Page 13 - Jewish Book Annual Volume 12

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7
LIPTZIN----AFTER THREE HUNDRED YEARS
slogans. The process of complete integration to the point of
baptism and intermarriage, which had decimated Sephardic Jewry,
also made inroads upon German Jewry in America. But the pro-
cess was slower because the numbers involved were larger. Be-
sides, some resistance on the pa r t of non-Jews to Jewish infiltration
began to make itself felt. For example, in 1877, the Jewish banker
Seligman was refused lodging in Saratoga Springs because he was
a Jew. This incident was aired in the world’s press. The virus of
modern anti-Semitism had apparently crossed the Atlantic. Jews
began to worry: how were they to eradicate the first symptoms of
the infection before the moral disease had a chance to spread?
Or, to take another example, Lafcadio Hearn spent the summer of
1884 vacationing a t Grande Isle near New Orleans. Because his
hotel did not discriminate against Jews, this philo-Semitic writer,
who adored the people of the Talmud in the abstract, wrote for
the New Orleans
Times-Democrat
a series of such vicious anti-
Semitic articles about Jews in the flesh th a t the editor had to re-
fuse to prin t them.
These isolated incidents of anti-Jewishness, however, had no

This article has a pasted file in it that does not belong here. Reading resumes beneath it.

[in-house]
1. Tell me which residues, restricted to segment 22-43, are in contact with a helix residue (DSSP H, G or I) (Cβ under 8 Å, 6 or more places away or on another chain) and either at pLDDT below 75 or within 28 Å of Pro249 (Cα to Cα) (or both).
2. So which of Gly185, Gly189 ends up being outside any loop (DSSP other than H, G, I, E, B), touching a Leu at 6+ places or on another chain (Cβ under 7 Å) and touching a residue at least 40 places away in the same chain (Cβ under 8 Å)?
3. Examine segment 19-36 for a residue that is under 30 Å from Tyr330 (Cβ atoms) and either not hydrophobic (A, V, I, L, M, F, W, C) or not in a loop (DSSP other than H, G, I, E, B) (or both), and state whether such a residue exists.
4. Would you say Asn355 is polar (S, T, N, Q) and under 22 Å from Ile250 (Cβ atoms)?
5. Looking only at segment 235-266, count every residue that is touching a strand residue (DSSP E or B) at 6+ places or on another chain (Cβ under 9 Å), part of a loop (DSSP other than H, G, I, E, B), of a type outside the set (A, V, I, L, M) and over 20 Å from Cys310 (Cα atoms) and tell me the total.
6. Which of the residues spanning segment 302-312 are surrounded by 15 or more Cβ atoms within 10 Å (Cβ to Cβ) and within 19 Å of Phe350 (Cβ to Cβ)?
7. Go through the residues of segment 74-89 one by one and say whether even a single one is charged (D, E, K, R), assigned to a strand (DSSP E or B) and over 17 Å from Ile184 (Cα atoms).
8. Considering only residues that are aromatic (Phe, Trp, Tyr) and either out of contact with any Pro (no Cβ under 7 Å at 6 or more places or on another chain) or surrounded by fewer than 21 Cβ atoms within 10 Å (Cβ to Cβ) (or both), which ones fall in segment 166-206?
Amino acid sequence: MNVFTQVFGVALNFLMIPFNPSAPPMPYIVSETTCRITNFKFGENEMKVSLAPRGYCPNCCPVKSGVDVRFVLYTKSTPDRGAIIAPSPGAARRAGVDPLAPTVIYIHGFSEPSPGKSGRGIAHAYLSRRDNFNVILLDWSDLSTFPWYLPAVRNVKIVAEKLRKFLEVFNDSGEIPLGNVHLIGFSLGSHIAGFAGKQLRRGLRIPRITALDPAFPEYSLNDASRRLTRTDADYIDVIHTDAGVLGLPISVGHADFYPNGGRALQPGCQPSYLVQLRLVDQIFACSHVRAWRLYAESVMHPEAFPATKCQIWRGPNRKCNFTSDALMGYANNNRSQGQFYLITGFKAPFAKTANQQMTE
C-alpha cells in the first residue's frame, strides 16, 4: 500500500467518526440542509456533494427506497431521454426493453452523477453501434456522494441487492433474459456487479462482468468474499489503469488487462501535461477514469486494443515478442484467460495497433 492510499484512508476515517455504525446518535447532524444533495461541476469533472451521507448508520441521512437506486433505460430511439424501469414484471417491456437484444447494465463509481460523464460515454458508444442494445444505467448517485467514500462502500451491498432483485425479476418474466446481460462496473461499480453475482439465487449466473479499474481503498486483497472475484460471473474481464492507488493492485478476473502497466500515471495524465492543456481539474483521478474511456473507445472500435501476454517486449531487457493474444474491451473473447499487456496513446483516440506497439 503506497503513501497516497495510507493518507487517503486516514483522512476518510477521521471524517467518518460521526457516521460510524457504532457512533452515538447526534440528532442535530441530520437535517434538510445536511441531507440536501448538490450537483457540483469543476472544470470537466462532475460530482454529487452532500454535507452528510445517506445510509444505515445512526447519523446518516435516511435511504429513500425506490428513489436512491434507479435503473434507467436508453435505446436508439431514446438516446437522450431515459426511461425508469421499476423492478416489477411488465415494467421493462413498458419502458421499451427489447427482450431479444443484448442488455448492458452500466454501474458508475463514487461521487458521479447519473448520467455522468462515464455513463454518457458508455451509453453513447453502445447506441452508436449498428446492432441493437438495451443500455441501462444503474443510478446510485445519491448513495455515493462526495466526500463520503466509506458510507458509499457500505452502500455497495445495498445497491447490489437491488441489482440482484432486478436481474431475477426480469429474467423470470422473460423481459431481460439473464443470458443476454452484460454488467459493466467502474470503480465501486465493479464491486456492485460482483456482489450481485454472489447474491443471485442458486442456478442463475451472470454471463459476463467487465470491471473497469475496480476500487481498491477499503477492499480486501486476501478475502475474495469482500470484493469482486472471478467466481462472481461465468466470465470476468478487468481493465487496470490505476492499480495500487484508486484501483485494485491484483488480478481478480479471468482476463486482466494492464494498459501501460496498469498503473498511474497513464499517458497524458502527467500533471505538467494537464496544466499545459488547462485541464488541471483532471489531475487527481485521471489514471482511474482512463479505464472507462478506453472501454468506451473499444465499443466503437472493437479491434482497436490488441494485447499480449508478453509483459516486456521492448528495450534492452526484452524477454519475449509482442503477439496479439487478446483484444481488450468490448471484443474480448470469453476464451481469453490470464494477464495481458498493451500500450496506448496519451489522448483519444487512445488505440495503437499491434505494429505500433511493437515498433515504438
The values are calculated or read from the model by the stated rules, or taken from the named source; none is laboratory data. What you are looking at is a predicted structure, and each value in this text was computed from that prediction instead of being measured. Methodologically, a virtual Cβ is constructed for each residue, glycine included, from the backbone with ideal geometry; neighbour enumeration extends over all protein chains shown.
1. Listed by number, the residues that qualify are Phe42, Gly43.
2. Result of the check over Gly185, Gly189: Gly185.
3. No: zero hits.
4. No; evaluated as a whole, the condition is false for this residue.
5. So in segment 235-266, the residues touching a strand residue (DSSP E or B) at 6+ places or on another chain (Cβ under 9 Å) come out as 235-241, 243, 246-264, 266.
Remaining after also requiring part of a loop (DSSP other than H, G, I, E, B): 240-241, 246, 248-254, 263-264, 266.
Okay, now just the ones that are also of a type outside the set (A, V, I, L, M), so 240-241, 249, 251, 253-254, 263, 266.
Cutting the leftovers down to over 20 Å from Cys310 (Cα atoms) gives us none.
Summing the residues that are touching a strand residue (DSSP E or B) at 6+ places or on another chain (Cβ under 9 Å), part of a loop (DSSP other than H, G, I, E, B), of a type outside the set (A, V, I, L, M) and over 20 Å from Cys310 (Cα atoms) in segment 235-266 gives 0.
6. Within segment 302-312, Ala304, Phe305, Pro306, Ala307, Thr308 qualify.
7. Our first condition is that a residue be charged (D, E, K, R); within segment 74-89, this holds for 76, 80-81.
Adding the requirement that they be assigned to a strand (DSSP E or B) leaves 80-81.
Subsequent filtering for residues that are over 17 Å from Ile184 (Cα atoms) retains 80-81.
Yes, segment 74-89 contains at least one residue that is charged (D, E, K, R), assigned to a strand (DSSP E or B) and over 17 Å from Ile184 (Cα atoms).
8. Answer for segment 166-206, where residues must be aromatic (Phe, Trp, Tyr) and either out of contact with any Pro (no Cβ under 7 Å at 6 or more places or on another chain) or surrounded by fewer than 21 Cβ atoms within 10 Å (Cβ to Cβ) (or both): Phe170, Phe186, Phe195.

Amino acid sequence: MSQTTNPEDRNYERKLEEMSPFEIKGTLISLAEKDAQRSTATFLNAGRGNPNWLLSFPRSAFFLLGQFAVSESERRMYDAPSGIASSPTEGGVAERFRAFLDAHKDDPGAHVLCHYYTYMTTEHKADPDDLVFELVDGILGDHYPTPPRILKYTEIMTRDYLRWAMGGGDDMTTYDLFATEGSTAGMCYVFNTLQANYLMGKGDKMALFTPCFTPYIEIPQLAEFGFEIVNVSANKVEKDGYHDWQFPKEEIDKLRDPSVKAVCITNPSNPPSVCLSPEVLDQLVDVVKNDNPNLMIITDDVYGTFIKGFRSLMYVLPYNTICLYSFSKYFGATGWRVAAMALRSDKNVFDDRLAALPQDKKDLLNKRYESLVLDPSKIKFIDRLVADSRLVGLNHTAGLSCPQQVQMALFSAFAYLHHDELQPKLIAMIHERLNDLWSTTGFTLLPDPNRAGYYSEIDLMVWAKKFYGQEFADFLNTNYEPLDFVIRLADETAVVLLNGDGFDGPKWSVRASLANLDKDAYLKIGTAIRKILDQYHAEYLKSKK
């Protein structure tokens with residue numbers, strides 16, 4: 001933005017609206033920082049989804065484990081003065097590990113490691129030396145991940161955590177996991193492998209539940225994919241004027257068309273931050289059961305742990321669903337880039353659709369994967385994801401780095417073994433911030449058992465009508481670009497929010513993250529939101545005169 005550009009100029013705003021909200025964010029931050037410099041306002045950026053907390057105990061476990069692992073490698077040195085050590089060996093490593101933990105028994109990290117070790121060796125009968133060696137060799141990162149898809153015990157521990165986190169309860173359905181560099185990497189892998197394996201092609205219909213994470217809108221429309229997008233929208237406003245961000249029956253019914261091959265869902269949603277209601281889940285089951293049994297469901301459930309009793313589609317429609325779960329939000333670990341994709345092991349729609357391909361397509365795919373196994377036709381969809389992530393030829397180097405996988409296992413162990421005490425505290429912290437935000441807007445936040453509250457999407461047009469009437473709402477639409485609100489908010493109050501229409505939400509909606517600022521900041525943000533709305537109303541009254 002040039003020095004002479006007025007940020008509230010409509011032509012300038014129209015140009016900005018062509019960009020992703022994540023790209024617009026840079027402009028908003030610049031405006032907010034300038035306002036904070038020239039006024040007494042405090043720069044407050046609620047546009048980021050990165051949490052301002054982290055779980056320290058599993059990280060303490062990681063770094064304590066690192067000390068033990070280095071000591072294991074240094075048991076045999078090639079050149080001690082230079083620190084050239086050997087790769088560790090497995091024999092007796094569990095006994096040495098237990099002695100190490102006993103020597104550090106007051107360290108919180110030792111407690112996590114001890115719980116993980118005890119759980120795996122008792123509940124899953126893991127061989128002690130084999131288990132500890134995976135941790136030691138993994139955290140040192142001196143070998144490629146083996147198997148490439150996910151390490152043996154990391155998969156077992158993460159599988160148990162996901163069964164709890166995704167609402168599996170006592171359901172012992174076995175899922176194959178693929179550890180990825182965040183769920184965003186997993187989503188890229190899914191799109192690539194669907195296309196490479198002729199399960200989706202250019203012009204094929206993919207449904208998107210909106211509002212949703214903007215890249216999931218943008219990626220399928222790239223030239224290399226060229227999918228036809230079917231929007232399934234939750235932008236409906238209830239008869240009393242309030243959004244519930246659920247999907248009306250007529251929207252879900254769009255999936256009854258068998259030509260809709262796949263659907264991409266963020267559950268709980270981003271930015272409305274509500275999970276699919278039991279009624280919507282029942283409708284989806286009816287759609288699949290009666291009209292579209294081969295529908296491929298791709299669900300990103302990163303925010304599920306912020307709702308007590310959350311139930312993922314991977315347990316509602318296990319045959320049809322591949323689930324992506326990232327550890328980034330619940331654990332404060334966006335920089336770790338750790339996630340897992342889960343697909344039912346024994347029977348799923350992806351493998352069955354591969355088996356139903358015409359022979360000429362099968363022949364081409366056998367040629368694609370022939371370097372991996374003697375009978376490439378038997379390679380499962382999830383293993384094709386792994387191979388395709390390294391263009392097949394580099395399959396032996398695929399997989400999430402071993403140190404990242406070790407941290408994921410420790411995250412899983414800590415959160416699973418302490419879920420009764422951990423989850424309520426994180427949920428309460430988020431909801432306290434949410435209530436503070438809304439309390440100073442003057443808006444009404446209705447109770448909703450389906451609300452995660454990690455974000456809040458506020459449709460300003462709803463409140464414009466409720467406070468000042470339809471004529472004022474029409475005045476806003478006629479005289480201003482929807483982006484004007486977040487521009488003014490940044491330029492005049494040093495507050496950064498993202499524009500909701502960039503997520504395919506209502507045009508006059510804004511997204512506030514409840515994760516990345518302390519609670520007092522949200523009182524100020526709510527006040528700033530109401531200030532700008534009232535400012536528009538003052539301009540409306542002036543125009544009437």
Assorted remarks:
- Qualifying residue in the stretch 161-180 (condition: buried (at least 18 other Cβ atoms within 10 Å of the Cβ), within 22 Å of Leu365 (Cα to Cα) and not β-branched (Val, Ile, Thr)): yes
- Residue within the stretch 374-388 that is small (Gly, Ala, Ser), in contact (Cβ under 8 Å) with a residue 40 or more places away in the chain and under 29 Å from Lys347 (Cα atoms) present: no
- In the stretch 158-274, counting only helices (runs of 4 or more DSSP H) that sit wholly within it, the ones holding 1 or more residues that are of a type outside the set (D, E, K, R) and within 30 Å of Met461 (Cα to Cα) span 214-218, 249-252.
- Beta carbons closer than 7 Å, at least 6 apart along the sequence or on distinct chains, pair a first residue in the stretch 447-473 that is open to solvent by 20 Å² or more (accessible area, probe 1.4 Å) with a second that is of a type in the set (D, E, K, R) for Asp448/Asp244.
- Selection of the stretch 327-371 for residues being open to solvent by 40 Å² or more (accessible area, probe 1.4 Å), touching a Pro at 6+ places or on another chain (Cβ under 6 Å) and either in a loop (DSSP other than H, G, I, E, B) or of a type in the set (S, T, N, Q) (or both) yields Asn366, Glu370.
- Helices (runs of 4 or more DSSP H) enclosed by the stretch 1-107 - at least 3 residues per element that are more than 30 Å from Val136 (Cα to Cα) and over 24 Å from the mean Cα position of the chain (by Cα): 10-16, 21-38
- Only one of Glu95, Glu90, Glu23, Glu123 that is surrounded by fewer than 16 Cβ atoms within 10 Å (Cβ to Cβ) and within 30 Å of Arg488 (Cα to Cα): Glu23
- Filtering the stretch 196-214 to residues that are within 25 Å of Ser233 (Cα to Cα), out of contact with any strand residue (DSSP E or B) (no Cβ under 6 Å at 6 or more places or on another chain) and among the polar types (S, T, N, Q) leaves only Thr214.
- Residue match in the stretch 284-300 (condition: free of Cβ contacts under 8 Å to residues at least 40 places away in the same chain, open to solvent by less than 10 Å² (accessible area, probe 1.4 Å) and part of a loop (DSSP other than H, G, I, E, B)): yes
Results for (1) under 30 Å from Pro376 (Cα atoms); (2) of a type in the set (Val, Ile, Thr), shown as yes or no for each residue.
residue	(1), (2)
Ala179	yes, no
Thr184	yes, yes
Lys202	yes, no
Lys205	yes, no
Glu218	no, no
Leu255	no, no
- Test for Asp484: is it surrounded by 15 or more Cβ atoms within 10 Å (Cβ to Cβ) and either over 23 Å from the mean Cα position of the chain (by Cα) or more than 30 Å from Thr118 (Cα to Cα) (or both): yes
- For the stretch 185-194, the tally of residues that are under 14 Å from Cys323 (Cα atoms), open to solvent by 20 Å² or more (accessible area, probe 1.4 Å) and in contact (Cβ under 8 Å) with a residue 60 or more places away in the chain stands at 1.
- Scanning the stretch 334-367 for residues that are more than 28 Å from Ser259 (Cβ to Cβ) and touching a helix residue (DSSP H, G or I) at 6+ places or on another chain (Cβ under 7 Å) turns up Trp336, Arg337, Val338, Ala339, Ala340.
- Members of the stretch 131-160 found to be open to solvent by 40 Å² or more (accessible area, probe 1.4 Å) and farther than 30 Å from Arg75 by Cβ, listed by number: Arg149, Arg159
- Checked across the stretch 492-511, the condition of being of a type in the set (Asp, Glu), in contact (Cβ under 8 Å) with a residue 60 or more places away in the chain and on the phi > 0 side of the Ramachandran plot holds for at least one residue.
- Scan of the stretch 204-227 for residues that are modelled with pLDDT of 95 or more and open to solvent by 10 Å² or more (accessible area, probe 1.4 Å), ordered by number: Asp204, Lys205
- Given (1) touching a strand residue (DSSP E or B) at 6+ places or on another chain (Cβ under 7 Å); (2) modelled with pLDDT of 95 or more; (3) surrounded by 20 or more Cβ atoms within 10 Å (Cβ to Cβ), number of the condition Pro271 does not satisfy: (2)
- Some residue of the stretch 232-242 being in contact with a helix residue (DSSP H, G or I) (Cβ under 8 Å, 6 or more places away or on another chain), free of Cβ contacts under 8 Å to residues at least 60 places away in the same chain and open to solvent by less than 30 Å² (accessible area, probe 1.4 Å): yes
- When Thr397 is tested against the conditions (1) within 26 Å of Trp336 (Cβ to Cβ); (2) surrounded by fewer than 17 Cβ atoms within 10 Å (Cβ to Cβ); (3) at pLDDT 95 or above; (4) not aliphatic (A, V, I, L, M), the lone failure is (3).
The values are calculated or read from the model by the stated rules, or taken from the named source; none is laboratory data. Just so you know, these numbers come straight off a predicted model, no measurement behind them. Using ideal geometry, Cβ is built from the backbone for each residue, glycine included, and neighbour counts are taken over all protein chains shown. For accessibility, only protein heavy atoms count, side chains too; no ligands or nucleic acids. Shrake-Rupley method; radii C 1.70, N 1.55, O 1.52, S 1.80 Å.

lasting effect upon the tendency towards assimilation. They may
even have hastened the obliteration of minority characteristics
on the par t of those Jews who were not too strongly attached to
their ancestral heritage. Only among a few Jewish intellectuals
did a questioning arise: was it really wise to give up traditional
values of many centuries in order to be like unto their neighbors?
The first writer to face the problem boldly was Emma Lazarus,
the poetess of New York, who was born in 1849 of Sephardic
ancestry and who in her early works showed no desire to associate
herself with Jewish strivings. She treated Greek themes, German
themes, international themes, bu t carefully avoided Jewish themes.
Goethe was closer to her than Moses. Admetus, King of Thessaly,
meant more to her than David, the conqueror of Jerusalem. Even
Heine, whom she greatly admired and translated, was in her eyes
a German poet and not a Jewish poet. She aroused the interest of
William Cullen B ryant and Ralph Waldo Emerson with her verses.
She corresponded with the poet Edmund C. Stedman. To her
surprise, this non-Jewish poet reproached her for her indifference
to her own people. John Burroughs, another non-Jewish writer,
asked her to follow the example of Walt Whitman, who was the
greatest American poet because he had a biblical sweep. Let her,
the Jewess, also find her way back to her biblical roots.
The pogroms of 1881 did, indeed, lead Emma Lazarus to find
her way back to Jewishness. Visits to Ward’s Island, predecessor
of Castle Garden and Ellis Island, brought her into contact with
hundreds of Jewish victims who were knocking a t the gate of